Take the 2-minute tour ×
Stack Overflow is a question and answer site for professional and enthusiast programmers. It's 100% free, no registration required.

I was trying to customize my prompt in Terminal. To do this, I tried to edit .bash_profile using vim, but ended up with a .bash_profile.swp file. Following some posts I found online, I used the :recover command in vim, which created a new .bash_profile and then deleted the .swp file. However, now Terminal does not seem to work. When I open it, I get the below message:

-bash: c: command not found

-bash: end: command not found

[Process completed]

Does anybody know how to fix this?

share|improve this question
    
This question is probably better suited for Super User. –  Ansgar Wiechers Sep 12 '12 at 21:22

3 Answers 3

Something in your .bash_profile isn't as it should be. You seem to have a c and an end in it that bash interprets as command. If you post the contents of the file (without comment lines) either here or in a pastebin we'll probably be able to tell you where exactly those are.

Pressing Cmd-Shift-. in the file open dialog of TextEdit (or a real editor) should display dot-files in the dialog.

share|improve this answer
1  
Tricky part is, that's a hidden file and terminal is the easiest way to view that file –  Kylos Sep 12 '12 at 21:23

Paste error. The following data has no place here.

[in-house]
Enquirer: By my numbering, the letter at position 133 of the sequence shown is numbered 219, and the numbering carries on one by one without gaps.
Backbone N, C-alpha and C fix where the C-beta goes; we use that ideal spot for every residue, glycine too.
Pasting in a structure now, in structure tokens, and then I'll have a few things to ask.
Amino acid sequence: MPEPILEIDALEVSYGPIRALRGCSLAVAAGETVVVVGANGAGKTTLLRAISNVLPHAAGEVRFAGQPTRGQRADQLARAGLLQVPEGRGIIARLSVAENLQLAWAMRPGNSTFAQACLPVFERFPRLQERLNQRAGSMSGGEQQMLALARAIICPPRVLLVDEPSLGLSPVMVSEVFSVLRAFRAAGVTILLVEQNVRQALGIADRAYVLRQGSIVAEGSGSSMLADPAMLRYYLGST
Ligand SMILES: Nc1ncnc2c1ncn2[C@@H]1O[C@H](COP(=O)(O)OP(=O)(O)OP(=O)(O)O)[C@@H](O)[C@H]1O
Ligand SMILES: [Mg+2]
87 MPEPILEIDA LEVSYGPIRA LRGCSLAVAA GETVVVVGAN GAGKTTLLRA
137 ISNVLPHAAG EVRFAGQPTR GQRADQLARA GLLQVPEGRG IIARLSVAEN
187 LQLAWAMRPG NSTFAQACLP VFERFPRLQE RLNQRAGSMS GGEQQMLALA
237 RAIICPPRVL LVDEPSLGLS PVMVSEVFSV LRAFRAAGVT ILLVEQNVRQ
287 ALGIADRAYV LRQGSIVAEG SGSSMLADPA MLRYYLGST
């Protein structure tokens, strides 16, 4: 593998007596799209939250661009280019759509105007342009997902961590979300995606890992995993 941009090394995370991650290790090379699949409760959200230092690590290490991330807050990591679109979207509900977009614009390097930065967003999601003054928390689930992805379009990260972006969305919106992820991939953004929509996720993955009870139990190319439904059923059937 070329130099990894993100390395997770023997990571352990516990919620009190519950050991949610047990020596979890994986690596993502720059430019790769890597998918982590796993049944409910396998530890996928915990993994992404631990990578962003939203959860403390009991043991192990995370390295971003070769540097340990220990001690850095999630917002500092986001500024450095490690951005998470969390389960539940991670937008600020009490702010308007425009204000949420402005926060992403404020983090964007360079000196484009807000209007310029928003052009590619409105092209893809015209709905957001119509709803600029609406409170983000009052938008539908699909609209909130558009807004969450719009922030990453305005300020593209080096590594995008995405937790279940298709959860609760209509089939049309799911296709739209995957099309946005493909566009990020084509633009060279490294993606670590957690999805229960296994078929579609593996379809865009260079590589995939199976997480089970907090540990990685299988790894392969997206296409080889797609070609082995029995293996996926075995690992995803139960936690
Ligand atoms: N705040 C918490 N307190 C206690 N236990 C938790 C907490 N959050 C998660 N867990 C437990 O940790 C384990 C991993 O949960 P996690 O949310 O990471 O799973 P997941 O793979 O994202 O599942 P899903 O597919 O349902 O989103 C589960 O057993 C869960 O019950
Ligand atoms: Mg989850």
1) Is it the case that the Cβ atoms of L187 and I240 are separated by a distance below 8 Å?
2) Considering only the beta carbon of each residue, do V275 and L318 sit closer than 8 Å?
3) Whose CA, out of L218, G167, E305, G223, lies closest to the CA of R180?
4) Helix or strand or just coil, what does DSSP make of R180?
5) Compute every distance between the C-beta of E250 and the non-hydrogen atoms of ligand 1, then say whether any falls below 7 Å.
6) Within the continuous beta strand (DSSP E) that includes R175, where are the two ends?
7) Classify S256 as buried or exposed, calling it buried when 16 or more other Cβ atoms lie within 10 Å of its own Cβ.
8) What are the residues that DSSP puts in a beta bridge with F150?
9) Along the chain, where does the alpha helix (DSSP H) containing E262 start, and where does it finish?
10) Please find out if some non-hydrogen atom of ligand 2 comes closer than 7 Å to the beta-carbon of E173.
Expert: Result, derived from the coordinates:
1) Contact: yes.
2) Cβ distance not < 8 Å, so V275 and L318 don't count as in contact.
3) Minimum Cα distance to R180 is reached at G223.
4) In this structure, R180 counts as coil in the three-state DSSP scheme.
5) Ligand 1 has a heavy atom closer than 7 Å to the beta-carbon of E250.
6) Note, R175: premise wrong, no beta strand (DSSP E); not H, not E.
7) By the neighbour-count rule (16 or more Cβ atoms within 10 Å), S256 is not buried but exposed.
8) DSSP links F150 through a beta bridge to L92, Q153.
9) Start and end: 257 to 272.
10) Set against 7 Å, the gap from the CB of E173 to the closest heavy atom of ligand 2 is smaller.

1  
Good point. Updated answer with a workaround. –  Ansgar Wiechers Sep 12 '12 at 21:28
    
Ah, I wasn't aware of that technique! I'll have to remember it. –  Kylos Sep 12 '12 at 21:36
    
I was able to fix it! You were right that I had weird commands in the file (probably due to my fumbling around in vim). The key was learning how to see hidden files in Finder, and therefore open up the file. Once I did that I was able to fixt it. Thank you so much! –  user1666982 Sep 12 '12 at 22:04
1  
If the answer solved your problem, it'd be nice if you'd accept it. –  Ansgar Wiechers Sep 12 '12 at 22:26

I used the TextMate option Show Hidden Files.

share|improve this answer
  1. Open up TextEdit.
  2. Bring up the Open sheet.
  3. Hit "/".
  4. Type "~/.bash_profile" and then return.
  5. Open the (now highlighted) .bash_profile file.
share|improve this answer
1  
no highlighted file here –  cawecoy Jul 8 '13 at 4:12

Your Answer

 
discard

By posting your answer, you agree to the privacy policy and terms of service.

Not the answer you're looking for? Browse other questions tagged or ask your own question.